They are easy to attach, inexpensive, and will allow you to keep a summer breeze flowing through without having to worry about buzzing intruders. You can always take them down again during the cooler months.
5. Make a DIY trap
You can also try using traps, as says Bryan McGee, Structural Pest Control Manager at SSC.
'There are traps that can be purchased for wasps but there are many homemade traps that can also be very effective,' he says.
One of the most popular DIY approaches is to cut off the top of a plastic bottle, flip it upside down, and then reattach it with tape to the bottom part, to act as a funnel. Grease the inside of both sections before you attach them back together using oil to prevent wasps from climbing back out. Bait then gets poured into the vessel, to lure the insects in. Bryan recommends proteins like lunch meat or sweets like honey, or jellies and jams. 'Add a bit of vinegar to keep bees away from the traps,' he adds.
You can then hang the trap from a tree or your garden fence (safely away from your seating area) by carefully punching holes into the top and adding string.
Traps can come in useful if you need to know how to get rid of carpenter bees, too.
6. Use a commercial insecticide spray
If you're looking at a bigger problem than the odd one or two, then you'll need to take a different approach when tackling how to get rid of wasps. Remember, en masse these insects can be very dangerous, and you should never deal with a wasps' nest if you think you might be allergic to stings, advises the BPCA. So, as Aviva says, the safest and most sensible course of action would be to contact a professional pest control company or your insurer if you have suitable cover. They will be able to treat and eliminate the wasps.
If you feel confident to take on an infestation yourself, then you'll need to turn to commercial insecticides. These can be effective in dealing with small nests in the early spring, says BPCA, however they're unlikely to help with a large, established nest – for that, you'll need to call in the pros.
'Safety should be the first consideration when removing wasps,' says Bryan McGee of SSC. 'Personal Protective Equipment (PPE) for the task may include protective clothing like cotton coveralls, gloves, protective eyewear/goggles/facemask, a hat/bee hood/veil, and even protective footwear.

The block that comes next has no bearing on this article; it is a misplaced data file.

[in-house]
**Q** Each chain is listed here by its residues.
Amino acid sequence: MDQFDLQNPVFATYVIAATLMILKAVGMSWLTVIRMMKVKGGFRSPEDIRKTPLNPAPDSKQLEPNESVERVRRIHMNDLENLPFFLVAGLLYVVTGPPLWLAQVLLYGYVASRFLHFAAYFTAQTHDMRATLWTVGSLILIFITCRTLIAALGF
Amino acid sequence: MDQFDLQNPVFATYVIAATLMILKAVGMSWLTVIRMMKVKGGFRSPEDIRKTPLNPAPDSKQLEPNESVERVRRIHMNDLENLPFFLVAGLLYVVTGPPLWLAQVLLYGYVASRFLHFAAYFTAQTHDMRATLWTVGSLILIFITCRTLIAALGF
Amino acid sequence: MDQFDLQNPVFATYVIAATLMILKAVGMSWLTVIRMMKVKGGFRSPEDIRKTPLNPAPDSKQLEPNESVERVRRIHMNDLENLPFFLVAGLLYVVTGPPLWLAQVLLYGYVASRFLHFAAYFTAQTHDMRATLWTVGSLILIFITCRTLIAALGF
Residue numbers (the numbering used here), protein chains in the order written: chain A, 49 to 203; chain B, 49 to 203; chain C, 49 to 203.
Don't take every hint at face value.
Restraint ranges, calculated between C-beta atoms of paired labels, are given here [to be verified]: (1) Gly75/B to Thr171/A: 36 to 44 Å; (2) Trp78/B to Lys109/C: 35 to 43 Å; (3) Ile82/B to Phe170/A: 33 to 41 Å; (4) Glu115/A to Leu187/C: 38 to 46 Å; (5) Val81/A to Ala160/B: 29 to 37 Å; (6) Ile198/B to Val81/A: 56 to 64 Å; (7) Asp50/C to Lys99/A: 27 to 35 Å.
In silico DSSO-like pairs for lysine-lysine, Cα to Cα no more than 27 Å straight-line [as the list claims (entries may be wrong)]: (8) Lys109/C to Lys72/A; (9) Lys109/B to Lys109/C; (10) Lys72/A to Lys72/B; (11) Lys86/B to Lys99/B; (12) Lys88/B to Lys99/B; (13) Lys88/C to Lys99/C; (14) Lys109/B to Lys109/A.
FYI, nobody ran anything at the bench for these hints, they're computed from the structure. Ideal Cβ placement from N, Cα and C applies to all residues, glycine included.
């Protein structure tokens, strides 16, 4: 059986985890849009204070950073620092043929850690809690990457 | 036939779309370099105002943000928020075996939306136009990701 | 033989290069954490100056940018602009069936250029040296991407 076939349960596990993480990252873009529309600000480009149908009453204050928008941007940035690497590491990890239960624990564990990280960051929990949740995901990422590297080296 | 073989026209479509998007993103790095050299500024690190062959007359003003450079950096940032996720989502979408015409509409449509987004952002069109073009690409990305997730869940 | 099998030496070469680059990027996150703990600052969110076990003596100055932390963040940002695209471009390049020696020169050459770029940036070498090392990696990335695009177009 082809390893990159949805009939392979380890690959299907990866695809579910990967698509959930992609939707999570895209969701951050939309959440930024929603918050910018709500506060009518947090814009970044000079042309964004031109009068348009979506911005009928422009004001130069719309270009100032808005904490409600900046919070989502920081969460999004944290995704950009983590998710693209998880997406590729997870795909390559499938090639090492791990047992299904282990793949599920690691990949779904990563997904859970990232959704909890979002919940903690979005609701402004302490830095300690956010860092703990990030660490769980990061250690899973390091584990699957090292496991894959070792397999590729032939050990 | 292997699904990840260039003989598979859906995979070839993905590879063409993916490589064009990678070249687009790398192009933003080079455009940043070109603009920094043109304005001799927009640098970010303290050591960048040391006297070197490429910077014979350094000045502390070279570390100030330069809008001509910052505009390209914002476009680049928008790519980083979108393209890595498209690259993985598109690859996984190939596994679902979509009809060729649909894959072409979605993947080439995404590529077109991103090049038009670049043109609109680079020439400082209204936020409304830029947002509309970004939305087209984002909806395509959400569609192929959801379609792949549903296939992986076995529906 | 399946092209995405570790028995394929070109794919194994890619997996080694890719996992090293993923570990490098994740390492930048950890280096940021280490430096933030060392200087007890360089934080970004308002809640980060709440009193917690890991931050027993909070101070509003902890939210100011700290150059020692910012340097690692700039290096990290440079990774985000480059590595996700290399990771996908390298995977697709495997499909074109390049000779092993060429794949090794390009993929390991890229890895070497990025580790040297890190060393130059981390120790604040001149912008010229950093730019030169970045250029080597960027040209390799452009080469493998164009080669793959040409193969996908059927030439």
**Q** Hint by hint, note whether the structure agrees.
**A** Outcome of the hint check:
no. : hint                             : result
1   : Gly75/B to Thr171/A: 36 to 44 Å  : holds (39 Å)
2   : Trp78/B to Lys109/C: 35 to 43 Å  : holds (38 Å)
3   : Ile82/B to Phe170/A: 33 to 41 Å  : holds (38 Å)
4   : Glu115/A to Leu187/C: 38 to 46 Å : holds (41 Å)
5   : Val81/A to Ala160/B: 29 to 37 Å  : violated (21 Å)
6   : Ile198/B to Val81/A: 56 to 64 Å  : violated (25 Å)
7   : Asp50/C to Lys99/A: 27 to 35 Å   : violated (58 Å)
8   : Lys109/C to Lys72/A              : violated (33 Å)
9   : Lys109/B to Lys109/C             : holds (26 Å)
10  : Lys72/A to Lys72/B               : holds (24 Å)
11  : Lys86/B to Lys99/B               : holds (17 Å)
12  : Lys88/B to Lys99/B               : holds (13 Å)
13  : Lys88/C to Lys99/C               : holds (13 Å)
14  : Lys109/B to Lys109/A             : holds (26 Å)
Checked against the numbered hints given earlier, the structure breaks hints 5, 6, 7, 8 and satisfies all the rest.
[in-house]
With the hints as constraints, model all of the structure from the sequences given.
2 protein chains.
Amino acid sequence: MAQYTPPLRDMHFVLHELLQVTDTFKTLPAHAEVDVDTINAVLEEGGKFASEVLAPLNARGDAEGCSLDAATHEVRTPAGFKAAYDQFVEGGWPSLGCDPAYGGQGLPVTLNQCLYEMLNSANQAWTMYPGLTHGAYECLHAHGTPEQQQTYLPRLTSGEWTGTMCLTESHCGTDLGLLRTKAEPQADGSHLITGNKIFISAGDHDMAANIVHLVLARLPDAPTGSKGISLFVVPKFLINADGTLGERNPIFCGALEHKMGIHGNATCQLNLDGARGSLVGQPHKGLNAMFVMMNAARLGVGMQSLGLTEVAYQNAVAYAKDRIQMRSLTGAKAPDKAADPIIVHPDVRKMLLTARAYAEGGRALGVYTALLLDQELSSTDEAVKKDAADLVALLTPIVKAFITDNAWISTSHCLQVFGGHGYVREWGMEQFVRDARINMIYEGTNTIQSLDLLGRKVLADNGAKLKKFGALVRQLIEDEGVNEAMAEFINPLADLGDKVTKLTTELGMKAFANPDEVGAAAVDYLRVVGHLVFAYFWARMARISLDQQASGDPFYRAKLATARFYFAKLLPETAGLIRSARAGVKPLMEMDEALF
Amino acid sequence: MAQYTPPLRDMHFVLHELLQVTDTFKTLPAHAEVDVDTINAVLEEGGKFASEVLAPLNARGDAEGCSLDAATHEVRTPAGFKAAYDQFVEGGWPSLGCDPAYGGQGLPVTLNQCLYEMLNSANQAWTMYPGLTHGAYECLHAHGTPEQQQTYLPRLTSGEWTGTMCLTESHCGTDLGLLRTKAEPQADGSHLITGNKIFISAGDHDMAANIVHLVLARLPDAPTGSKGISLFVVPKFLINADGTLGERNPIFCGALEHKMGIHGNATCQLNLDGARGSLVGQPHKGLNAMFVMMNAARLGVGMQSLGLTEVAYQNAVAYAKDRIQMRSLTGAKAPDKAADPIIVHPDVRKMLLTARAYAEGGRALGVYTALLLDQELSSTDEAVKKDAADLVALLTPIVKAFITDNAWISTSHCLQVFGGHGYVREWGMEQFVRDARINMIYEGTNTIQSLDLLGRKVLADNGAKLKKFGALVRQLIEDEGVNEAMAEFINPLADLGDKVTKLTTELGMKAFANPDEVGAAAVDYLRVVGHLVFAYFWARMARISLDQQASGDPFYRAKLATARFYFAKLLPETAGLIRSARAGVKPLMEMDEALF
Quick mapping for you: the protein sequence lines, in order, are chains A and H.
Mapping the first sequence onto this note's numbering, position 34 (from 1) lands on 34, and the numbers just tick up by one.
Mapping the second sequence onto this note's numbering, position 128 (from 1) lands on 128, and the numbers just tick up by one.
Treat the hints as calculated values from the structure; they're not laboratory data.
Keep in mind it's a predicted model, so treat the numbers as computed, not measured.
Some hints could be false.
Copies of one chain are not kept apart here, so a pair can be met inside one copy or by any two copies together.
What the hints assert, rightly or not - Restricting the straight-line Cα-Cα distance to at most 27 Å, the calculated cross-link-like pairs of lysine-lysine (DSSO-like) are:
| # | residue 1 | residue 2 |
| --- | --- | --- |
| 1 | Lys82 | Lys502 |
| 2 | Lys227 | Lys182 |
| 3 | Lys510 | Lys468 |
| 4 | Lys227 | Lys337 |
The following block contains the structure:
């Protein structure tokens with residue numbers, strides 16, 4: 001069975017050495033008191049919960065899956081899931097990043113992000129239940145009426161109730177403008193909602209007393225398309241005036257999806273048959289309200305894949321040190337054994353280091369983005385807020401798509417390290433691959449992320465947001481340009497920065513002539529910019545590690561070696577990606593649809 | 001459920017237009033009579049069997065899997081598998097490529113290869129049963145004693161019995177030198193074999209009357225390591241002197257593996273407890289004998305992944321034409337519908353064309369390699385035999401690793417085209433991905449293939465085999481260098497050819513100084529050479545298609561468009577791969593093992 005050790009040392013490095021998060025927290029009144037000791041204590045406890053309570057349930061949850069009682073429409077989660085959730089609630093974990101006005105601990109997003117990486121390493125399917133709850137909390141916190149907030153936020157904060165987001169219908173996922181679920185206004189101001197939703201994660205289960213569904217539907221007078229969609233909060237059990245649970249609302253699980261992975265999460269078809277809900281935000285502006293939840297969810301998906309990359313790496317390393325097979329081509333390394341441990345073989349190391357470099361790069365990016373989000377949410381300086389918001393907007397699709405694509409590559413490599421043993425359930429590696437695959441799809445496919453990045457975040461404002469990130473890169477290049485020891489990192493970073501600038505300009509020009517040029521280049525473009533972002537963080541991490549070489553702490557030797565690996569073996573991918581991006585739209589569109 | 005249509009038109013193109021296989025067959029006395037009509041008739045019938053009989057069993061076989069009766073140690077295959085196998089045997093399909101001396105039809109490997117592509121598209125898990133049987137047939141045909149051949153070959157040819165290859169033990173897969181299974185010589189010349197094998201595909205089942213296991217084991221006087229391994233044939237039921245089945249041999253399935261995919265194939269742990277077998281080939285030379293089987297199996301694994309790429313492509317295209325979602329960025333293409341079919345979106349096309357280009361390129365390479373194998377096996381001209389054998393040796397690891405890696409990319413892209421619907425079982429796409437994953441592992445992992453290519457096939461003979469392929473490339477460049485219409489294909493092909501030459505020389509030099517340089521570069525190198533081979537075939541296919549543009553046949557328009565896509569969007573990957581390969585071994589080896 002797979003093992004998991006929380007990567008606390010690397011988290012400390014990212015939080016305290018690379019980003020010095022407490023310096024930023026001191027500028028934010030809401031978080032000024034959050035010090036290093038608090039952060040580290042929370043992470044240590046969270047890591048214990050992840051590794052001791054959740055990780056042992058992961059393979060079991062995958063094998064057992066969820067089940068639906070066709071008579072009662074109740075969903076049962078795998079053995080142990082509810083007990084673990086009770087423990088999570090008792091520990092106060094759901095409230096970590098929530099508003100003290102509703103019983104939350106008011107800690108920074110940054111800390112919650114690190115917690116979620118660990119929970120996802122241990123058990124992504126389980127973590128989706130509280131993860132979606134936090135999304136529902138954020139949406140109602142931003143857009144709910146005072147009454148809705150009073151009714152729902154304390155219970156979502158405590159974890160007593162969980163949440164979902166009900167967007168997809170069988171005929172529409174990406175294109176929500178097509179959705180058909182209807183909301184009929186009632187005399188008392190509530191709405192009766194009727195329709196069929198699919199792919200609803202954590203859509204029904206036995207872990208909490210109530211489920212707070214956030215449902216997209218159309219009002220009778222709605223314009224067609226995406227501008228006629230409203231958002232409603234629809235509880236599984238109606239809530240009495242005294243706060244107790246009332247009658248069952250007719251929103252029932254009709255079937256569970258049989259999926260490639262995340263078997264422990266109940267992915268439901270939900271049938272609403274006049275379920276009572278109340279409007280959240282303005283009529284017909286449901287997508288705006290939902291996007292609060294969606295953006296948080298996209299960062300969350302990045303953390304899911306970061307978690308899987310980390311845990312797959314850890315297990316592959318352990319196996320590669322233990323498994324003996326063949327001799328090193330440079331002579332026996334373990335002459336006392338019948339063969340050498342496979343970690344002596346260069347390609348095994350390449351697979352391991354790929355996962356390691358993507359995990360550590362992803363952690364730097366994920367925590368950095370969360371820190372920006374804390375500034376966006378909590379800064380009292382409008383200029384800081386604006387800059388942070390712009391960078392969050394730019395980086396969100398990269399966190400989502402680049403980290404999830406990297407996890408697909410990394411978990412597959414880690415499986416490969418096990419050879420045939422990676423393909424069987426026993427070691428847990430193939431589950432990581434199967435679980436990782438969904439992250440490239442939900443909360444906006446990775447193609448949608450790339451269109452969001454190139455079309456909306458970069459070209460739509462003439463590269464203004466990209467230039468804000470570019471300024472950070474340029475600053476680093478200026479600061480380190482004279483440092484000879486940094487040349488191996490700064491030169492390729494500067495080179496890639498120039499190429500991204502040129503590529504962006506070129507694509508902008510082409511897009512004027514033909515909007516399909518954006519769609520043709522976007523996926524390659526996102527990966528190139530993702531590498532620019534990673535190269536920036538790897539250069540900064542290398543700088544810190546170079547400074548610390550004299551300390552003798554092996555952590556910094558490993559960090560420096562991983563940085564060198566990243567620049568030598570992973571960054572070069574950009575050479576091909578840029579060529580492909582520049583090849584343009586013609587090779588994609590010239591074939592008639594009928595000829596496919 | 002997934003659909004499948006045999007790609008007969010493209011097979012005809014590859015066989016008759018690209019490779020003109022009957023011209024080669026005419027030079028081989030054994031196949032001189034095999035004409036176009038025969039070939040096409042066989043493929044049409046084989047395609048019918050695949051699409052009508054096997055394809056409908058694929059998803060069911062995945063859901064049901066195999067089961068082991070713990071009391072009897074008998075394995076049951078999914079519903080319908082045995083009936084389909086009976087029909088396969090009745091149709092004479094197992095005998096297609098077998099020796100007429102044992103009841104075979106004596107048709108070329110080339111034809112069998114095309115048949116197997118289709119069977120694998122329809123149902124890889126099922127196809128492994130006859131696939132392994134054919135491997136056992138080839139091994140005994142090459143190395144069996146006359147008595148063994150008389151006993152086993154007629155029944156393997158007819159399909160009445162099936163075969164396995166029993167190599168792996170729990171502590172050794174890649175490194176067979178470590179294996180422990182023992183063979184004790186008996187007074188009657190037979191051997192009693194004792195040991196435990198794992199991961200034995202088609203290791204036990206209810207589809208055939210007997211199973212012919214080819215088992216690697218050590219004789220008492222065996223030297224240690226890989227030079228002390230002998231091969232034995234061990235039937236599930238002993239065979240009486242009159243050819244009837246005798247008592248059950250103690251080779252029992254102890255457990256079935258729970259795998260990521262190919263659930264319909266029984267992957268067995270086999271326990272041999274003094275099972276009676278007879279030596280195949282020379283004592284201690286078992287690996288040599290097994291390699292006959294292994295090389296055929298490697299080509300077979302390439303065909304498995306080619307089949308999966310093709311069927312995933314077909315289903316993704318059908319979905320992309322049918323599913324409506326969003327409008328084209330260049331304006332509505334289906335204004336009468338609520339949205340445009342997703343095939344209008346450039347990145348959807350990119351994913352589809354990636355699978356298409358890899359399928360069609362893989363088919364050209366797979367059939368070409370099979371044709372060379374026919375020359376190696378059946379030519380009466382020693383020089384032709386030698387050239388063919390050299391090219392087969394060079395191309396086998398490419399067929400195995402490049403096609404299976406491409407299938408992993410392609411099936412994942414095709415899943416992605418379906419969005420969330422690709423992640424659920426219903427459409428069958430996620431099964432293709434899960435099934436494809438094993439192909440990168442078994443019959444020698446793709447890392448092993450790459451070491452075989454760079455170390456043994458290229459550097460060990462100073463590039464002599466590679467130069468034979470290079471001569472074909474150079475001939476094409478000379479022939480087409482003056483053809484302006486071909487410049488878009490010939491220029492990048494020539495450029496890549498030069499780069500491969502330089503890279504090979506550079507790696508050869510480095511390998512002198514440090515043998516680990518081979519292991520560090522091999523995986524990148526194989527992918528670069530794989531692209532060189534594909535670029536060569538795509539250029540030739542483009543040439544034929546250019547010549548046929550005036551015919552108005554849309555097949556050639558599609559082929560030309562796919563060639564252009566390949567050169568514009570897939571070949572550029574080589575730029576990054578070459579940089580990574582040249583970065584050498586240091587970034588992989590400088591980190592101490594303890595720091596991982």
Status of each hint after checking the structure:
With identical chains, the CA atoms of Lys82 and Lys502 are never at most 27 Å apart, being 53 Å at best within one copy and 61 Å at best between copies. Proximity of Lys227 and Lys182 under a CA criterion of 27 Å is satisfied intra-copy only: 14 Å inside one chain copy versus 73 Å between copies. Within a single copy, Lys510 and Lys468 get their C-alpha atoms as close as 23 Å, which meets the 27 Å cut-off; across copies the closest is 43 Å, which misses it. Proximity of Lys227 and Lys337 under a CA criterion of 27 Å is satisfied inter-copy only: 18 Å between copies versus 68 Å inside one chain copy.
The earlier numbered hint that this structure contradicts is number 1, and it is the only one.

'Items needed for the job may include ladders, dusters, extension poles, scrapers, putty knives, caulk guns, expanding foam applicators, web removal heads, trash bags, and specialized aerosol pole extension adapters,' he continues. 'Sometimes power tools like drills or saws are needed to access areas where wasps have chosen to build nests. You may even need water hoses with sprayer ends or pressure washers to remove some types of nests.'
Aerosols are the most commonly used product for wasp removal, Bryan says. The benefits of this approach include quick knock-down – some of these products can be almost instant. What's more, these products can often be applied from as far as 25 feet away or more using an extension pole and aerosol extension adapter, providing even more protection. 'Drawbacks are that they can be messy and may drift to non-target areas when winds are a factor,' Bryan adds, 'and they can be a poor choice for wasps in cracks or voids.'
- Need more pest-deterring advice? Our guides on how to get rid of aphids and how to get rid of slugs in the garden have plenty.
7. Try insecticide dust
Alternatively, you can use insecticide dusts if you need to know how to get rid of wasps on a larger scale. 'These are a great choice for treatment in void areas like walls,' says Bryan McGee of SSC. 'They do not provide the quick knock-down of an aerosol but they have great residual effectiveness.